“France demands tax payments from big techs”: you may have heard this over and over in the past few weeks. Indeed, this statement refers to the “digital service tax” (or “web tax”, “Internet tax”) France has recently imposed on companies providing digital services, such as the GAFAM (Google, Amazon, Facebook, Apple and Microsoft). In this article we will review the reasons behind such a tax, how it can be implemented and the international developments around its introduction.
Why a tax on digital services
The main problem concerns the growth of the digital economy over the last few decades, which has seen a further boost during the pandemic. Several governments claim big tech companies pay too little in taxes on the profit they make in their countries, as they are able to record it in “tax haven” jurisdictions, a phenomenon known as tax avoidance.
The issue lies in the traditional international tax principles, according to which revenues must be recorded (and, most importantly, taxed) in the country where the company has its permanent establishment, its fiscal residence, that is where they have employees and operations.
It is immediate to see that companies offering digital services no longer need a physical presence in a country to operate and make a profit there. Hence, according to the current rules, they manage to not pay taxes (except for VAT) in the countries where they actually produce revenues. For example, it has been calculated that the 15 largest providers of digital services worldwide paid in Italy only as little as €68 million in taxes in 2018, in contrast with revenues amounting to €2.4 billion.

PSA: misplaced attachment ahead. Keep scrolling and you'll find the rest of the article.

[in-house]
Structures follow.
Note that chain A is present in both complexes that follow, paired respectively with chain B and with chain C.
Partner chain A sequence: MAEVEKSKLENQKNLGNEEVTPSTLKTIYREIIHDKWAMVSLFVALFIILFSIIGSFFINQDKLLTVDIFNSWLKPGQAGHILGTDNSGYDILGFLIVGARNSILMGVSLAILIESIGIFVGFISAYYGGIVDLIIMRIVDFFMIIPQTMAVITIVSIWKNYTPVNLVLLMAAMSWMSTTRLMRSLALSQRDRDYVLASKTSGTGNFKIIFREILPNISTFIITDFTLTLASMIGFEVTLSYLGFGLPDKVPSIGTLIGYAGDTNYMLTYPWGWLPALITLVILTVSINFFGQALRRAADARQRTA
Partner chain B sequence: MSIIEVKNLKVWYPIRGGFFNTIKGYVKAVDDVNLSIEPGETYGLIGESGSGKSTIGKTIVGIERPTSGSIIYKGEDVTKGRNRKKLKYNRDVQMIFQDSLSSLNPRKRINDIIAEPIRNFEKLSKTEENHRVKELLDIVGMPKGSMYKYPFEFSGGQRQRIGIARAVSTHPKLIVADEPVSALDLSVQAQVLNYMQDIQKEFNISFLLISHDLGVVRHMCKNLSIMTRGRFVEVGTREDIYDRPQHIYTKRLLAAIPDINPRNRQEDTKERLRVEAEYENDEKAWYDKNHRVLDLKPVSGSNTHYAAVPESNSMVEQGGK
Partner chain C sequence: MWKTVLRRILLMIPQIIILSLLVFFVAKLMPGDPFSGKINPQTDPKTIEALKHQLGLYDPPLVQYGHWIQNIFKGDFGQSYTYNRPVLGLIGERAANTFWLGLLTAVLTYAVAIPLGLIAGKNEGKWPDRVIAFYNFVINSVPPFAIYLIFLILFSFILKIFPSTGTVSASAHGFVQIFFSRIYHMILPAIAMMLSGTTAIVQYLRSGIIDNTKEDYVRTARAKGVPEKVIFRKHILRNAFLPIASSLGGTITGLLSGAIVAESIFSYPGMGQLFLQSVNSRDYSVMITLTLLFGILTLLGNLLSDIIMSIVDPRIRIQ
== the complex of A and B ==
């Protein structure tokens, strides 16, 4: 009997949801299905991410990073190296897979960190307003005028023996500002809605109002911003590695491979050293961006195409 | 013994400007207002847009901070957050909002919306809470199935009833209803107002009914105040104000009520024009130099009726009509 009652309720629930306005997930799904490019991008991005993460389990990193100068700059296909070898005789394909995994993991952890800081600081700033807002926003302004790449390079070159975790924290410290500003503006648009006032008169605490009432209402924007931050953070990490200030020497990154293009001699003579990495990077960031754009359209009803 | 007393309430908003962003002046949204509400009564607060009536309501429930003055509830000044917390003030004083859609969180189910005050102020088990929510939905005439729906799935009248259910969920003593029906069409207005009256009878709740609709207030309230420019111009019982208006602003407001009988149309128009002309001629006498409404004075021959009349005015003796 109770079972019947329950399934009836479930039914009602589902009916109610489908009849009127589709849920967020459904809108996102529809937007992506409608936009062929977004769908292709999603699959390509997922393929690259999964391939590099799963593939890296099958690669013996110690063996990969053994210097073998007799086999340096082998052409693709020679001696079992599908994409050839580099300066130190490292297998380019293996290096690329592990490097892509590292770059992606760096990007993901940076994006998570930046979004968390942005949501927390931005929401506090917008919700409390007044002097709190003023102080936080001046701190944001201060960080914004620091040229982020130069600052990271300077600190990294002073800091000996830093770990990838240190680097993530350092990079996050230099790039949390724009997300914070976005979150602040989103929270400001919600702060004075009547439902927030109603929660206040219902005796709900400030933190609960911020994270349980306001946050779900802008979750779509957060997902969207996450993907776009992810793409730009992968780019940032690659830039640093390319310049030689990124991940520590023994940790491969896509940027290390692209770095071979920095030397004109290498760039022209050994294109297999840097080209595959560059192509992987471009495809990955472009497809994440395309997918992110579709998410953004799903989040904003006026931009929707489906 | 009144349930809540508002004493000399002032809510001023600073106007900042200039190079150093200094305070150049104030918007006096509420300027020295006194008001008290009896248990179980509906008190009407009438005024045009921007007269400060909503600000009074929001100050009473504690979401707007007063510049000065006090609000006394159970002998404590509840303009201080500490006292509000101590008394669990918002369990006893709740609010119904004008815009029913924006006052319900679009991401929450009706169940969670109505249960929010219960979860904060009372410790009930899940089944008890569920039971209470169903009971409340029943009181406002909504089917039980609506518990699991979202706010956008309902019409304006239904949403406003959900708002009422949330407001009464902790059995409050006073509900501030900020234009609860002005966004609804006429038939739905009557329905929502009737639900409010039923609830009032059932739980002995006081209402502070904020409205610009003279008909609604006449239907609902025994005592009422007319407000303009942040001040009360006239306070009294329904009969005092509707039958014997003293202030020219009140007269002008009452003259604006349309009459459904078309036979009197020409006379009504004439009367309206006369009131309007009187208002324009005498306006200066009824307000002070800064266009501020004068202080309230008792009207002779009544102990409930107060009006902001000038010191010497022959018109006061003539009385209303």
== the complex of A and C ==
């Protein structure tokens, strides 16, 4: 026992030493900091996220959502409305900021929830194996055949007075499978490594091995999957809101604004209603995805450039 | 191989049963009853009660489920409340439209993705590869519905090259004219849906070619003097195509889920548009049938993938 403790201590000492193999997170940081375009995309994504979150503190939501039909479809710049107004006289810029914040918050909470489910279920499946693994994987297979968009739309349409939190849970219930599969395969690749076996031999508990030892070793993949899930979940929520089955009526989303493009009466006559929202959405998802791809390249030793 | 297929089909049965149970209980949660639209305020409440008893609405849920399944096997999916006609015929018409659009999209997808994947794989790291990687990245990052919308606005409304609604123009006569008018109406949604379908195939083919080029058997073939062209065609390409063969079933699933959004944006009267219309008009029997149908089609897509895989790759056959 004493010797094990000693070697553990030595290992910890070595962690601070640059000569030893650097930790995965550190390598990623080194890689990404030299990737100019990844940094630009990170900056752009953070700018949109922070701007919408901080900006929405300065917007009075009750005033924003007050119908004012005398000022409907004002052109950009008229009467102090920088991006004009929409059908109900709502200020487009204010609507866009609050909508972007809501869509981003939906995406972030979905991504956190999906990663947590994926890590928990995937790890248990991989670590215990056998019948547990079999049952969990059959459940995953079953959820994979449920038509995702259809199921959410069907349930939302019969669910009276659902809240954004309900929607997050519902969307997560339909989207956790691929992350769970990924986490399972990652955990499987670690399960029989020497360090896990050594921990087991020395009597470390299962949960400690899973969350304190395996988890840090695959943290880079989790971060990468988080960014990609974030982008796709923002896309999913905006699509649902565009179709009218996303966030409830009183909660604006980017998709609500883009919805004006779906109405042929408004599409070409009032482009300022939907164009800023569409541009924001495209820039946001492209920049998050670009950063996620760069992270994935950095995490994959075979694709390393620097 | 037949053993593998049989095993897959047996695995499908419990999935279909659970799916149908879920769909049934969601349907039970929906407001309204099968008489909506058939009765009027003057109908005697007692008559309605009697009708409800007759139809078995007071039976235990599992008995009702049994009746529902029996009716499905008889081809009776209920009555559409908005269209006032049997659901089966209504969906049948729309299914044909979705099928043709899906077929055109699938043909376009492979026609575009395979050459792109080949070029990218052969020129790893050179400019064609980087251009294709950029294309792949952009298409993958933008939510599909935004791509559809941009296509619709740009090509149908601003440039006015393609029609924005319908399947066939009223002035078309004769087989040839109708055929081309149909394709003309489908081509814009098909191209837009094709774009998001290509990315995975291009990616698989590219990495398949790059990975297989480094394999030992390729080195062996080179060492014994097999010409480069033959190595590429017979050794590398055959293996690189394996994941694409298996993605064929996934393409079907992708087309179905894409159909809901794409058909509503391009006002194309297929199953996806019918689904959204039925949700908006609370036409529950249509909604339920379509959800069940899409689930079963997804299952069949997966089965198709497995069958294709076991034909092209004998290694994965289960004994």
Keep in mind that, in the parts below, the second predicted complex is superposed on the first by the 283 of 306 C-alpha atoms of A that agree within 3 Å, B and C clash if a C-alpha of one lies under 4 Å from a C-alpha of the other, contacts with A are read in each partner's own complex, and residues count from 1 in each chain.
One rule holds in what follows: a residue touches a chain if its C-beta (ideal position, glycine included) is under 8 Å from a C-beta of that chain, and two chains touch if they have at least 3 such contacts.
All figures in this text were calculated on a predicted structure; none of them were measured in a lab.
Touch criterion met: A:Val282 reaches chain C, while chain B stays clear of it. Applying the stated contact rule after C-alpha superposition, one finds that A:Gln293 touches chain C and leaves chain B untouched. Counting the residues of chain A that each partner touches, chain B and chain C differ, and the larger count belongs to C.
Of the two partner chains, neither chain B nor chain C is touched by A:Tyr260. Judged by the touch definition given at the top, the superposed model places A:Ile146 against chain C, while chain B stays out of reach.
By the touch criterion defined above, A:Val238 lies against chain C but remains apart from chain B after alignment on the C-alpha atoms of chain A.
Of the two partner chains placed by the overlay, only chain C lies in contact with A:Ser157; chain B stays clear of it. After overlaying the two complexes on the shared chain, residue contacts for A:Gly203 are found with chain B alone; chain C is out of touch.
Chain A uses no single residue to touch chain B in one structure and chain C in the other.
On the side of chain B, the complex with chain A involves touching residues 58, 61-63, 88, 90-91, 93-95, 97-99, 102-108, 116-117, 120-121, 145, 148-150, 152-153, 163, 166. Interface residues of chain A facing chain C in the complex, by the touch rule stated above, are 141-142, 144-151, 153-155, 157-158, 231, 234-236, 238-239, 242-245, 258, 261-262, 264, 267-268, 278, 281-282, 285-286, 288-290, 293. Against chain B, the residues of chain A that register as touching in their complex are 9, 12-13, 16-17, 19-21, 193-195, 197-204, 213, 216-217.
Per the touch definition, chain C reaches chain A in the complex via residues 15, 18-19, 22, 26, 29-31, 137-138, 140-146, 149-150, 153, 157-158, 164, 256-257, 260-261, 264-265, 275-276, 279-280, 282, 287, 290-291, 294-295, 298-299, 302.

To tackle this issue, starting from 2017, the countries in the Organization for Economic Co-operation and Development (OECD) have been working on a multilateral agreement aimed at designing a fairer international tax regime. At a time of great financial difficulties, it is even more important that those who benefited from lockdown measures contribute more, according to their means.
An agreement was expected to be reached by the end of 2020. However, the COVID-19 crisis has called for a pause in negotiations and unilateral actions from many countries are threatening the possibility to reach a compromise. There is disagreement even among countries belonging to the same block, the EU.
The European Commission, indeed, acknowledged the problem already two years ago and warned Member States against adopting unilateral solutions. Instead, it presented two proposals aimed at preventing incoordination in the tax framework at least inside the EU.